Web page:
Little more than two weeks before ECU was set to take the field against Marshall to kick-off its 2020 football season, Athletic Director Jon Gilbert and head coach Mike Houston were on a Zoom call with reporters explaining why that would not happen.
As things stand right now, ECU’s football program has 30 individuals that are either isolated in or quarantine stemming from the COVID-19 virus. That number prompted the athletic department to place the team on pause last week, and with continued positive results after testing this week, the decision to postpone the season-opener was made.
“Obviously a tough decision,” Houston said. “I was able to get all the players that are not in quarantine and isolation right now together in Minges this afternoon to tell them in person. A lot of disappointment. They’ve been very resilient throughout. It’s tough, they’ve invested so much, they’ve been so excited about having a date. There’s where the next struggle is going to be is finding that next motivation from that next date.”
Right now that next date for the Pirates is Sept. 26 when UCF is set to make the trip to Greenville, North Carolina. That game was rescheduled on Thursday by the American Athletic Conference from its original date of Sept. 24.
While a make-up date for the Marshall game has yet to be determined, both athletic departments are invested in attempting to find a date that works for both parties. This year marks the 50th anniversary of the tragic plane crash involving Marshall’s football team after it played the Pirates in Greenville. Gilbert said other things have priority at this point, like making sure his student-athletes return to the practice field in a safe manner, but multiple options are on the table for a make-up date.
“When we (Marshall AD Mike Hamrick) spoke by phone multiple times today, we both indicated that — given the significance of the game with the 50-year anniversary of the plane crash game — that we were going to do everything we could to make that game a reality,” Gilbert said. “That could be at the end of the season, it could also be in the middle depending on how the season plays out.”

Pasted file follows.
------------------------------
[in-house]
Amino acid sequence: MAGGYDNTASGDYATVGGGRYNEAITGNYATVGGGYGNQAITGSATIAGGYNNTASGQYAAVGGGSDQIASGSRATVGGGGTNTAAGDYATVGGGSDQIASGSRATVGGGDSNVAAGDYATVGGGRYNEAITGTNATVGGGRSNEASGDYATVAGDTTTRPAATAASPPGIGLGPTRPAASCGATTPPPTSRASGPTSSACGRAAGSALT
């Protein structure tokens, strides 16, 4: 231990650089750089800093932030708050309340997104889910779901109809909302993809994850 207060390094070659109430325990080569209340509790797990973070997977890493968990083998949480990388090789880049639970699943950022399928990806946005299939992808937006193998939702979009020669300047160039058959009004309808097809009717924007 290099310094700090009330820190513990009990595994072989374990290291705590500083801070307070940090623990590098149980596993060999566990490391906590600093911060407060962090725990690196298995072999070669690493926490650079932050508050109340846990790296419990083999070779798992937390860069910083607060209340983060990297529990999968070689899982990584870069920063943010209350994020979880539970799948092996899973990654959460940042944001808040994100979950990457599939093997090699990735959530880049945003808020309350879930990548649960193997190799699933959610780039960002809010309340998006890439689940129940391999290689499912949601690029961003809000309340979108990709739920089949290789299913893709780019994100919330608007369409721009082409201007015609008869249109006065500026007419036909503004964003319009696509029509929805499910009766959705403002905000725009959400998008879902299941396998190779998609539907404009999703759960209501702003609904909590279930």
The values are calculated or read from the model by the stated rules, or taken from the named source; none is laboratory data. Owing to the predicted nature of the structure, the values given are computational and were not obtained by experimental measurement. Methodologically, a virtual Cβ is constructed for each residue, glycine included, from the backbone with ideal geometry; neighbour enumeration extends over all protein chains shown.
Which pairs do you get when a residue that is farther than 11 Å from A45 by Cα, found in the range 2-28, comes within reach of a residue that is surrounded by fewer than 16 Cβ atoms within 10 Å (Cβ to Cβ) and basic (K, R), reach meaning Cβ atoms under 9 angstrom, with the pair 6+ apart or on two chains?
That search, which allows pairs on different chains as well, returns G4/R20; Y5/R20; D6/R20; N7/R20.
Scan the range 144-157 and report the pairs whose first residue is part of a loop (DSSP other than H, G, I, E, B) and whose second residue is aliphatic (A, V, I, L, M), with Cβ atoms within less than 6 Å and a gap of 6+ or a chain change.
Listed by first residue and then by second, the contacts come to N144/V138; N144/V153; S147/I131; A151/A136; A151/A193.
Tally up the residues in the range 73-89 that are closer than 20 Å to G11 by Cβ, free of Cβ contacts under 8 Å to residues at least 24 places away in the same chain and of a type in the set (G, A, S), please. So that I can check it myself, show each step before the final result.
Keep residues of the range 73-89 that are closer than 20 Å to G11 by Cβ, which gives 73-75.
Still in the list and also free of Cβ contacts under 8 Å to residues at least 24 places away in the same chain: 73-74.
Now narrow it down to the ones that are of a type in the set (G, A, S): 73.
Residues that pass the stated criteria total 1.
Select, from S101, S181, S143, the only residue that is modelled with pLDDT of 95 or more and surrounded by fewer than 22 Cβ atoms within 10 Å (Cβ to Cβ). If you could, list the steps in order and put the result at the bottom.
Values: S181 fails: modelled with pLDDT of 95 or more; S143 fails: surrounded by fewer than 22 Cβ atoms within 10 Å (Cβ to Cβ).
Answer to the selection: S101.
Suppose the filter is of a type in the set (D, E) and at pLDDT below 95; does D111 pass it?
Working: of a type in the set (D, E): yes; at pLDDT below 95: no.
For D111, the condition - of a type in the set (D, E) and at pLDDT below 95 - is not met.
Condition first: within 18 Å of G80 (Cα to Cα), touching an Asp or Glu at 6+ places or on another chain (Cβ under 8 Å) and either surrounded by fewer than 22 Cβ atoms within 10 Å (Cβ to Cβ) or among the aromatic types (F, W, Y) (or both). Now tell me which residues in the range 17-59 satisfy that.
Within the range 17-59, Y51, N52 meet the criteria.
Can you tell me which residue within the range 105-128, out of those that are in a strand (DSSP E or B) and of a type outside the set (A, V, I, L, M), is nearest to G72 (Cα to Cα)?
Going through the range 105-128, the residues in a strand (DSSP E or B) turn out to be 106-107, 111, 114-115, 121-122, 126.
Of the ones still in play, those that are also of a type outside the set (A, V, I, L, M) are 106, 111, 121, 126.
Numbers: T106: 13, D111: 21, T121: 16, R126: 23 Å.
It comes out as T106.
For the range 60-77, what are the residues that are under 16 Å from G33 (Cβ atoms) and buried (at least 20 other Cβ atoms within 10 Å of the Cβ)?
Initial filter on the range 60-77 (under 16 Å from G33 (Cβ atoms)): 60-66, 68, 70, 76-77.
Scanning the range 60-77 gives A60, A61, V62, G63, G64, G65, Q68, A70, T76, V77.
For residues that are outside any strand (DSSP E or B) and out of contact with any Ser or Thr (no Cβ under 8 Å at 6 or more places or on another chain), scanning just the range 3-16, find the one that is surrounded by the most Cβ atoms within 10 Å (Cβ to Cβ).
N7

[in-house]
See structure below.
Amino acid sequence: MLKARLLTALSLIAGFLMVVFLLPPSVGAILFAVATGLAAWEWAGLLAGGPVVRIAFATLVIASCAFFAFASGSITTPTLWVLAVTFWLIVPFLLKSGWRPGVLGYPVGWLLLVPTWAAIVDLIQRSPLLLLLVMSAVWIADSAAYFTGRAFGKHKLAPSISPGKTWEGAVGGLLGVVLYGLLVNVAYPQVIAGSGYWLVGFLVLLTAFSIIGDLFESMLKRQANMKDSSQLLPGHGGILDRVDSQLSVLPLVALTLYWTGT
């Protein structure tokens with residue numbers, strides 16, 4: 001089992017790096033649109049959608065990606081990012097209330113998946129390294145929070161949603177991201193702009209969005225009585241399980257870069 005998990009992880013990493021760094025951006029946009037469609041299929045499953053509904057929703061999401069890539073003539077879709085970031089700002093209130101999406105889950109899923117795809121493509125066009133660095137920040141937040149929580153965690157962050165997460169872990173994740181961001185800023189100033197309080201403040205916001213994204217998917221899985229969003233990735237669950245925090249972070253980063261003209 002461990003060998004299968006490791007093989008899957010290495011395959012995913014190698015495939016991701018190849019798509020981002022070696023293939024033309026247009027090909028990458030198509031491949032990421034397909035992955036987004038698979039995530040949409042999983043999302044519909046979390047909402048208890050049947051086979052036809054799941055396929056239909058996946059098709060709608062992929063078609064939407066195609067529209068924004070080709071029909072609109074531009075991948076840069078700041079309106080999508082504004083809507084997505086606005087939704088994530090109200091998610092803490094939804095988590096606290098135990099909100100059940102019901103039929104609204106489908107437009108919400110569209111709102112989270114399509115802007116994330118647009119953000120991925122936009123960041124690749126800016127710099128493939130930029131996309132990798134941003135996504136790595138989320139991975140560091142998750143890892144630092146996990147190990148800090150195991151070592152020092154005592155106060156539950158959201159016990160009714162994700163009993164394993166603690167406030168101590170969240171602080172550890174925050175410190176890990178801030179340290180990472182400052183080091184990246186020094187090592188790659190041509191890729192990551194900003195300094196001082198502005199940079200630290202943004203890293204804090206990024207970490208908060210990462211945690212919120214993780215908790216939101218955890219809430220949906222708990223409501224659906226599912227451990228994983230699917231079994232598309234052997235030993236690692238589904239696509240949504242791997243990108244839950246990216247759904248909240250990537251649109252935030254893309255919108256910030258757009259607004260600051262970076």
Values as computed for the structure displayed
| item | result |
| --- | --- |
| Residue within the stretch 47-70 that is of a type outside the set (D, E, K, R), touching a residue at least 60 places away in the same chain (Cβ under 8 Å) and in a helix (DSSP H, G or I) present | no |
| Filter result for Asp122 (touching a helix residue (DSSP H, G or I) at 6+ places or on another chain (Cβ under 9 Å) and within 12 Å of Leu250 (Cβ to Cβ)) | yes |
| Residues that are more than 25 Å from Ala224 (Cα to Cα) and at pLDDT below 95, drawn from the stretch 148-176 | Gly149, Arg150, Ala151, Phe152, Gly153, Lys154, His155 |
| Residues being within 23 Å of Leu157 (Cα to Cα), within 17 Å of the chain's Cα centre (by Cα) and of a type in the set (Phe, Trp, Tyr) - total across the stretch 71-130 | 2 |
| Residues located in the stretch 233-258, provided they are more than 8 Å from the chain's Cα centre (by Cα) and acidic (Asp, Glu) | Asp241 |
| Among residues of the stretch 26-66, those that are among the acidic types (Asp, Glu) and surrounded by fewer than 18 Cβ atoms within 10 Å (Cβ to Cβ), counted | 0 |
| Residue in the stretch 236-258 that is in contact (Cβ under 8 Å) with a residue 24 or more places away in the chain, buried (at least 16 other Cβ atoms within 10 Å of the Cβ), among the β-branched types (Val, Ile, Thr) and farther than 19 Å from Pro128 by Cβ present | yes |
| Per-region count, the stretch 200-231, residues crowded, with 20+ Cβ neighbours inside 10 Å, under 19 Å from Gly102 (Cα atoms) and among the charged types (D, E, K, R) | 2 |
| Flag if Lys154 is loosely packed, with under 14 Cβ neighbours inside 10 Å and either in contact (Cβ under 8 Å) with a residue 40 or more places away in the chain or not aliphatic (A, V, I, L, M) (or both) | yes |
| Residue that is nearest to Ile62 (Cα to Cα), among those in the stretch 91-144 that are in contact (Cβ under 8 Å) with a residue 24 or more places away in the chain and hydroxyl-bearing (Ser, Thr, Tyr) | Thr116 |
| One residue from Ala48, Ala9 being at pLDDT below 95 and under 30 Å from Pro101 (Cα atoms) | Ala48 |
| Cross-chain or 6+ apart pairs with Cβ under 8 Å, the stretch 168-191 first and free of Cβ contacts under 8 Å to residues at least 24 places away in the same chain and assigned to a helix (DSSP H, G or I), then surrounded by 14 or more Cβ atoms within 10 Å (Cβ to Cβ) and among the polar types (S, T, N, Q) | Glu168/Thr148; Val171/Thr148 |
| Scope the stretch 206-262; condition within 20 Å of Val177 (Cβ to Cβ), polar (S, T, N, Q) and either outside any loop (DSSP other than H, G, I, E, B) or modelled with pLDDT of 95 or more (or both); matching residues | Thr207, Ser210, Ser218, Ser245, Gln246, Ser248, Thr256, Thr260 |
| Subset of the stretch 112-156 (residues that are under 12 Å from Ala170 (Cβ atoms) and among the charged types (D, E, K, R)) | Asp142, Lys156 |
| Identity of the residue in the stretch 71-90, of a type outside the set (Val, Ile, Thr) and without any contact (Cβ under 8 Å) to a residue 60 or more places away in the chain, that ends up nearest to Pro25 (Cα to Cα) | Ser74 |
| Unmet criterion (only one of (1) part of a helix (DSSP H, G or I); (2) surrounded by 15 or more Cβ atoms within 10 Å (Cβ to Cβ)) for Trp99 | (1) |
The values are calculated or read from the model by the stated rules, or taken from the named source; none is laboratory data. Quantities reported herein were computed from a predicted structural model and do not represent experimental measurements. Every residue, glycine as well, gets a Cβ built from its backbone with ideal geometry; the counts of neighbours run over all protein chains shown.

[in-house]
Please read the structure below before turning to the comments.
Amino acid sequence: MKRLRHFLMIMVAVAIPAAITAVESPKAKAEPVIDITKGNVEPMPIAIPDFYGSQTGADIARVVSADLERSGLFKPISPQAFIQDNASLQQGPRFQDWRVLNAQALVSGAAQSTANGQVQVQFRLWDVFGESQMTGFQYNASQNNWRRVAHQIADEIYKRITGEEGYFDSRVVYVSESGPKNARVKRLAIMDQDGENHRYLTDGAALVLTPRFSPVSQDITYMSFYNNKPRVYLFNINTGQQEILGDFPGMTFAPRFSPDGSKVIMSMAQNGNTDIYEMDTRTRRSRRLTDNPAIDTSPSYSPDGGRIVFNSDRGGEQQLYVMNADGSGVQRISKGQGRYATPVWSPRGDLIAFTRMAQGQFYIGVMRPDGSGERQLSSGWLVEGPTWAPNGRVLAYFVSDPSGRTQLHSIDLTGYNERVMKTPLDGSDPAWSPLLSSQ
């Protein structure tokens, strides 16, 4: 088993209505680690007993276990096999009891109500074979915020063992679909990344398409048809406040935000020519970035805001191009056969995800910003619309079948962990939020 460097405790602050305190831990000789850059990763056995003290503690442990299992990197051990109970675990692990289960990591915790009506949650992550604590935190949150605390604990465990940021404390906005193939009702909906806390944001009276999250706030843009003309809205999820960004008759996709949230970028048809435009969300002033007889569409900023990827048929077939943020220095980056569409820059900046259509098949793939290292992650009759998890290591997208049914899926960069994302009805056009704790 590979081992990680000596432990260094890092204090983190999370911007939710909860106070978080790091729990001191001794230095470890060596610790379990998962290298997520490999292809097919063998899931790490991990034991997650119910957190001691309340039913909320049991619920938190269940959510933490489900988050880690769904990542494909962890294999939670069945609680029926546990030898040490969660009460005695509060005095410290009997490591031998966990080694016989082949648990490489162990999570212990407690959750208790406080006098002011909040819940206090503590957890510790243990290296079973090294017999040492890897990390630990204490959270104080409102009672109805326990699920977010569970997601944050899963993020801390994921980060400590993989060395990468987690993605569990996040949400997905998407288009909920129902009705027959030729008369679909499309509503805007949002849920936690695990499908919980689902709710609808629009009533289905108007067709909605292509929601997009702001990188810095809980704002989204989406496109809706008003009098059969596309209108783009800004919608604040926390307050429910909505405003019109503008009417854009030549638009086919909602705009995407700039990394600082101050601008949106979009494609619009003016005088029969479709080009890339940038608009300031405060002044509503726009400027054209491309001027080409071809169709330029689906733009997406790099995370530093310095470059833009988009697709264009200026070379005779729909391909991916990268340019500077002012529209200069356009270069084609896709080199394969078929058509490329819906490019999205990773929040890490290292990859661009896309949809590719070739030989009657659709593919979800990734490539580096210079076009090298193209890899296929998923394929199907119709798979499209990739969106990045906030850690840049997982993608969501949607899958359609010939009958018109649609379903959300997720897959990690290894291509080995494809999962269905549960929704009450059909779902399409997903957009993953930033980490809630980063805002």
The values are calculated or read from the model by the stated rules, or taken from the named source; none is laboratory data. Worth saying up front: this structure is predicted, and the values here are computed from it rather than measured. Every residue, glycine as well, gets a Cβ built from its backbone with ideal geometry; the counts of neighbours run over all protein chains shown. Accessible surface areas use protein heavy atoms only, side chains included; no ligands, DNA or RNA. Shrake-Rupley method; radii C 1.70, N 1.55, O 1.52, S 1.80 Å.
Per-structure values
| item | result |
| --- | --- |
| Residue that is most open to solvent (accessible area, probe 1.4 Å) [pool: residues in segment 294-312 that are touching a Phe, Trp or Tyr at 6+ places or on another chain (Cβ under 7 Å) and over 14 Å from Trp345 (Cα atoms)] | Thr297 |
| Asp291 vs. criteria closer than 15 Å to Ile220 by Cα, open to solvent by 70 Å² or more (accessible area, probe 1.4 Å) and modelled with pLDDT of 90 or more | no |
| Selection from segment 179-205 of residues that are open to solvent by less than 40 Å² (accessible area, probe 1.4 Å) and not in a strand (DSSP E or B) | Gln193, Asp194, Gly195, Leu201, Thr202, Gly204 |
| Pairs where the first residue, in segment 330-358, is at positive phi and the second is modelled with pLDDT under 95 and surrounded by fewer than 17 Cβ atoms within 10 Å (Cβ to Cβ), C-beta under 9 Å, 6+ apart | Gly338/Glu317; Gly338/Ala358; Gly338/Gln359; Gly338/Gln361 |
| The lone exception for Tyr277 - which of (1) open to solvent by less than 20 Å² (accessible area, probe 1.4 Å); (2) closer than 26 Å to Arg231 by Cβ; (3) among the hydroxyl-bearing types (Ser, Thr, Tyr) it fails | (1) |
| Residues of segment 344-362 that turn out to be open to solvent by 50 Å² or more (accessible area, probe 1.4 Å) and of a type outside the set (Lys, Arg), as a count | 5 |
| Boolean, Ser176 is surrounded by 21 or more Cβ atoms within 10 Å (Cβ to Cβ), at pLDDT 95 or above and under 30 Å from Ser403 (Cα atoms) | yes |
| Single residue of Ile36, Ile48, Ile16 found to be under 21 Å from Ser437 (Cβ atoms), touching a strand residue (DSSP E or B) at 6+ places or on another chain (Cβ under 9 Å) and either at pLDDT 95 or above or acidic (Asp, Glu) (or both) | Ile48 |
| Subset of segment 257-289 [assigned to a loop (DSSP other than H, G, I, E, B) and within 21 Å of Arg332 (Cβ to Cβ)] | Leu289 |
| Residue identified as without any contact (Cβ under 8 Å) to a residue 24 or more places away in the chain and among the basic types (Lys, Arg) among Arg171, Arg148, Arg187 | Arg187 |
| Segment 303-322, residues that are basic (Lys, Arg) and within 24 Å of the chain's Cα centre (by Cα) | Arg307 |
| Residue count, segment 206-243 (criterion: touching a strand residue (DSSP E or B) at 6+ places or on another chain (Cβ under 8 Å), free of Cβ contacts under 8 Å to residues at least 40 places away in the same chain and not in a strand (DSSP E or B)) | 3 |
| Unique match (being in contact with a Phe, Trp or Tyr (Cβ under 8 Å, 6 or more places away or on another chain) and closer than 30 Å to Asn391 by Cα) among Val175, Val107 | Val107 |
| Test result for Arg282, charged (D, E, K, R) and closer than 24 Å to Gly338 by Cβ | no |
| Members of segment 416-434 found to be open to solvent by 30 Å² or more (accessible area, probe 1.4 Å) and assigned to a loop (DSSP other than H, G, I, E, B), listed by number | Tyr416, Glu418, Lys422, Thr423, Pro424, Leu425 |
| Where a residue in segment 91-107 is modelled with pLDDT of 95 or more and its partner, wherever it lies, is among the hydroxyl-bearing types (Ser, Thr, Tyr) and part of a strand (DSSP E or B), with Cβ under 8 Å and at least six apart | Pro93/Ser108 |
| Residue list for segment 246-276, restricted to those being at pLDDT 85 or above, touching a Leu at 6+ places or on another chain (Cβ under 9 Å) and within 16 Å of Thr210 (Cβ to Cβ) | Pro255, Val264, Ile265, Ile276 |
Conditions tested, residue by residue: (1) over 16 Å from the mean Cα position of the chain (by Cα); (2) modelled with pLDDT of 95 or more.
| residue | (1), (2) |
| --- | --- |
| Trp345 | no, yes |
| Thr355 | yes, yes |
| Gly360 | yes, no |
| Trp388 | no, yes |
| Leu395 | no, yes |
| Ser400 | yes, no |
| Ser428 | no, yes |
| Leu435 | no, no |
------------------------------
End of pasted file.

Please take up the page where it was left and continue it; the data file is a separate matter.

With the Marshall postponement, ECU will not play its first game until Sept. 26 as things currently stand. That obviously opens up the possibility of scheduling a game on Sept. 19, the date vacated by Norfolk State after the MEAC canceled its fall schedule. Adding a game to that date would get the Pirates back up to 10, but would also add an extra layer of difficulty in regards to keeping the team healthy.
“I think we need to pause for a couple days to see what’s out there,” Gilbert said. “No. 1, there are not a lot of teams with availability. Two, the way this works is, from a testing protocol standpoint, I want to be mindful of making sure that we can play the Central Florida game. I don’t want to pick up a team, play that game and then potentially have an issue where you couldn’t play the following week.”
During the season, the AAC, much like every other Power 5 conference that is still playing this season, will test for COVID-19 at least two times per week. In order for the Pirates to schedule a non-Power 5 opponent for Sept. 19, they would need to meet or exceed the AAC’s testing protocols. That is obviously a challenge for schools with smaller budgets and makes it hard for ECU to find a suitor on short notice.
“I want to be very mindful and deliberate and not rush out in any regard,” Gilbert said. “I want to make sure we get healthy and are ready to return to the field first.”
Gilbert said making a decision when the Pirates can get back on the practice field will not be as easy as getting underneath a predetermined positive case number or positivity rate. The decision will be made to return based off on the timeline of when quarantined and isolated players are clear of the virus and can once again participate. In that vein, nearly every impacted student-athlete is on a unique timeline, keeping this a fluid situation.
Right now, Houston said most of those affected are asymptomatic, while those displaying symptoms are only doing so in a mild manner. Many of those that have been quarantined from a contact tracing standpoint, Houston said, have had no symptoms and have tested negative. Still, per NCAA guidelines, close contact individuals can not test out of their situation and must be quarantined for 14 straight days.
Positive cases can return after 10 days and a negative test.
For that reason, and the continuing nature of testing, a firm date can not be placed on when ECU football will return to the field. Already into their eighth day of inactivity, it is likely the pause will stretch into next week, but Houston and his staff are taking it day-by-day.
“I think it’s day-by-day,” Houston said. “At the same time, we do hope to return sooner rather than later. I think that just having the ability to begin some conditioning and weight training socially distanced over the next couple of days is a good first step. Those that aren’t in quarantine, I’d like to get them back active. Hopefully at some point next week we can get back out on the field and start practicing again.”